or that link he provided also looks user friendly enough :) 
when I said about resetting bios, I was under the impression you had altered the ram settings already, my bad :) 
Moto
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September 24, 2010 8:22:22 AM

I've never touched the RAM settings of any computer I've had in 15 years. Asking for trouble if you're not confident.
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September 24, 2010 12:42:40 PM

cpatel1987 said:
This is to be done at your own risk.
Excerpt from http://www.wikihow.com/Diagnose-and-Replace-a-Failed-PC....

Disconnect the power supply from the motherboard. Take a paper clip and short pins from the green and any black terminal of an ATX power connector (largest connector, typically 20-24 pins total) to power it on. Leave the paper clip connected, if you remove it, the Power will shut down again. Check to see if the fans spin (ie: inside the power supply). If so, your power supply is providing a 12V supply. An obvious clue of component failure is faint smoke or a burnt smell.

This part is wrong. You need to momentarily (about 1 second) short the two together. Leaving them shorted is like pressing and holding the case power switch. The PSU will shutdown in about 5 seconds.

This will tell you if the PSU is bad. It won't, however, tell you if it is good because there is no load on the PSU.

Work through our standard checklist and troubleshooting thread:
http://www.tomshardware.com/forum/261145-31-read-postin...
I mean work through, not just read over it. We spent a lot of time on this. It should find most of the problems.
Looks like you have done this.

If not, continue.

I have tested the following beep patterns on Gigabyte, eVGA, and ECS motherboards. Other BIOS' may be different.

Breadboard - that will help isolate any kind of case problem you might have.
http://www.tomshardware.com/forum/262730-31-breadboardi...

Breadboard with just motherboard, CPU & HSF, case speaker, and PSU. You do have a case speaker installed, right? If not, you really, really need one. If your case or motherboard didn't come with a system speaker, you can buy one here:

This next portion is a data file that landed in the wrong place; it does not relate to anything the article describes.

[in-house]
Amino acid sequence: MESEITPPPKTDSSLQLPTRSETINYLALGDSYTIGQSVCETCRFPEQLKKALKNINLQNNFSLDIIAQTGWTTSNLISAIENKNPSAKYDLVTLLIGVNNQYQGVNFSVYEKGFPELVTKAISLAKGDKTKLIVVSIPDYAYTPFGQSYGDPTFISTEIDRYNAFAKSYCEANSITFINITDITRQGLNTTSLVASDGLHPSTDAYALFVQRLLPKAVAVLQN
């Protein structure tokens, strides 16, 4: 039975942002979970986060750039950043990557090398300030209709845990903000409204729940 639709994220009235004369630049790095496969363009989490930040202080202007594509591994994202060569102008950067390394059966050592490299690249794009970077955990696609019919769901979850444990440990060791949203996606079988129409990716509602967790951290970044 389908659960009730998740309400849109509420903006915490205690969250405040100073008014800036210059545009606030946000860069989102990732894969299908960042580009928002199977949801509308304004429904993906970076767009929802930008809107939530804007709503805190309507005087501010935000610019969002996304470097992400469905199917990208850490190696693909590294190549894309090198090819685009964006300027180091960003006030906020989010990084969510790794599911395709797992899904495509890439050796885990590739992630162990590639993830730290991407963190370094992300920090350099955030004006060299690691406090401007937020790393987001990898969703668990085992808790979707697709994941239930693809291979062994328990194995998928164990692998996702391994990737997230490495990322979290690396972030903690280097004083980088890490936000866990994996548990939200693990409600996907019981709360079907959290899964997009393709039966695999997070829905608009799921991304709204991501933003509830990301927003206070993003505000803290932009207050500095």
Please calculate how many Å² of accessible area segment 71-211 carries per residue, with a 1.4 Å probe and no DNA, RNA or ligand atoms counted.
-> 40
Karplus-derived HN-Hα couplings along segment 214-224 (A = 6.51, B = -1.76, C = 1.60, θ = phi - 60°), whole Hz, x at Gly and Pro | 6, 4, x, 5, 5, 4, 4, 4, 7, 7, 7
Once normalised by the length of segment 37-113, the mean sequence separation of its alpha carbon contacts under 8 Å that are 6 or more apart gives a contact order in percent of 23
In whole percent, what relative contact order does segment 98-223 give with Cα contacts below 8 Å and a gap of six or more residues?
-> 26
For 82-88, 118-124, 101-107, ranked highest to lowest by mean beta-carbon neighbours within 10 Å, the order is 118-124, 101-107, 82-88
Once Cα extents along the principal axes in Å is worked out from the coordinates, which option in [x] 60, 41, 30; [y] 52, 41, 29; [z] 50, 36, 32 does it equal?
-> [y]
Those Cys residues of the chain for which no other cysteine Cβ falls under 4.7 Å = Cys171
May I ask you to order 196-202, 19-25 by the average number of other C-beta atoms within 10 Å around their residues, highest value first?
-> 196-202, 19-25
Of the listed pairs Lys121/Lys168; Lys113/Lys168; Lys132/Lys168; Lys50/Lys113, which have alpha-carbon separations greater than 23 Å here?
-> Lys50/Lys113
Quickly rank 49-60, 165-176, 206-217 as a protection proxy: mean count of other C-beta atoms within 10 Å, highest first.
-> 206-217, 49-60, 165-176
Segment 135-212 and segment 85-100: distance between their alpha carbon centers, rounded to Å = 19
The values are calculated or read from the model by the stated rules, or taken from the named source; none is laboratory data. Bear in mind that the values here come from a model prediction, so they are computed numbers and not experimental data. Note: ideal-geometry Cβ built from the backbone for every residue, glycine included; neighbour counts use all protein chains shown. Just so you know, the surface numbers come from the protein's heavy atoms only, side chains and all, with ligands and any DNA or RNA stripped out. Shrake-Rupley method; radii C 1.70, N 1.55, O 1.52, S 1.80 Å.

http://www.cwc-group.com/casp.html
Or Microcenter or Frye's.

Make sure you plug the CPU power cable in. The system will not boot without it.

I always breadboard a new build. It takes only a few minutes, and you know you are putting good parts in the case.

You can turn on the PC by momentarily shorting the two pins that the case power switch goes to. You should hear a series of long, single beeps indicating memory problems. Silence indicates a problem with (in most likely order) the PSU, motherboard, or CPU. Remember, at this time, you do not have a graphics card installed so the load on your PSU will be reduced.

If no beeps:
Running fans and drives and motherboard LED's do not necessarily indicate a good PSU. In the absence of a single short beep, they also do not indicate that the system is booting.

At this point, you can sort of check the PSU. Try to borrow a known good PSU of around 550 - 600 watts. That will power just about any system with a single GPU. If you cannot do that, use a DMM to measure the voltages. Measure between the colored wires and either chassis ground or the black wires. Yellow wires should be 12 volts. Red wires: +5 volts, orange wires: +3.3 volts, blue wire : -12 volts, violet wire: 5 volts always on. Tolerances are +/- 5% except for the -12 volts which is +/- 10%.

The gray wire is really important. It should go from 0 to +5 volts when you turn the PSU on with the case switch. CPU needs this signal to boot.

You can turn on the PSU by completely disconnecting the PSU and using a paperclip or jumper wire to short the green wire to one of the neighboring black wires.
http://www.youtube.com/watch?v=5FWXgQSokF4&feature=yout...

This checks the PSU under no load conditions, so it is not completely reliable. But if it can not pass this, it is dead. Then repeat the checks with the PSU plugged into the computer to put a load on the PSU.

If the system beeps:
If it looks like the PSU is good, install a memory stick. Boot. Beep pattern should change to one long and several short beeps indicating a missing graphics card.

Silence or long single beeps indicate a problem with the memory.

Insert the video card and connect any necessary PCIe power connectors. Boot. At this point, the system should POST successfully (a single short beep). Notice that you do not need keyboard, mouse, monitor, or drives to successfully POST.

Now start connecting the rest of the devices starting with the monitor, then keyboard and mouse, then the rest of the devices, testing after each step. It's possible that you can pass the POST with a defective video card. The POST routines can only check the video interface. It cannot check the internal parts of the video card.


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September 24, 2010 4:06:41 PM

Wow - thanks for all the advice! I appreciate it.

I think I'm going to head out tonight and get a tool for testing the power supply (I'm sure it will see much use, I've had trouble with psus before!)

And, I need to get a speaker b/c my case (antec 900) doesn't have one.

After that - I'll check the psu. If that's dead, that will be an easy enough fix... is it wrong for me to hope it's just the psu? ;-)))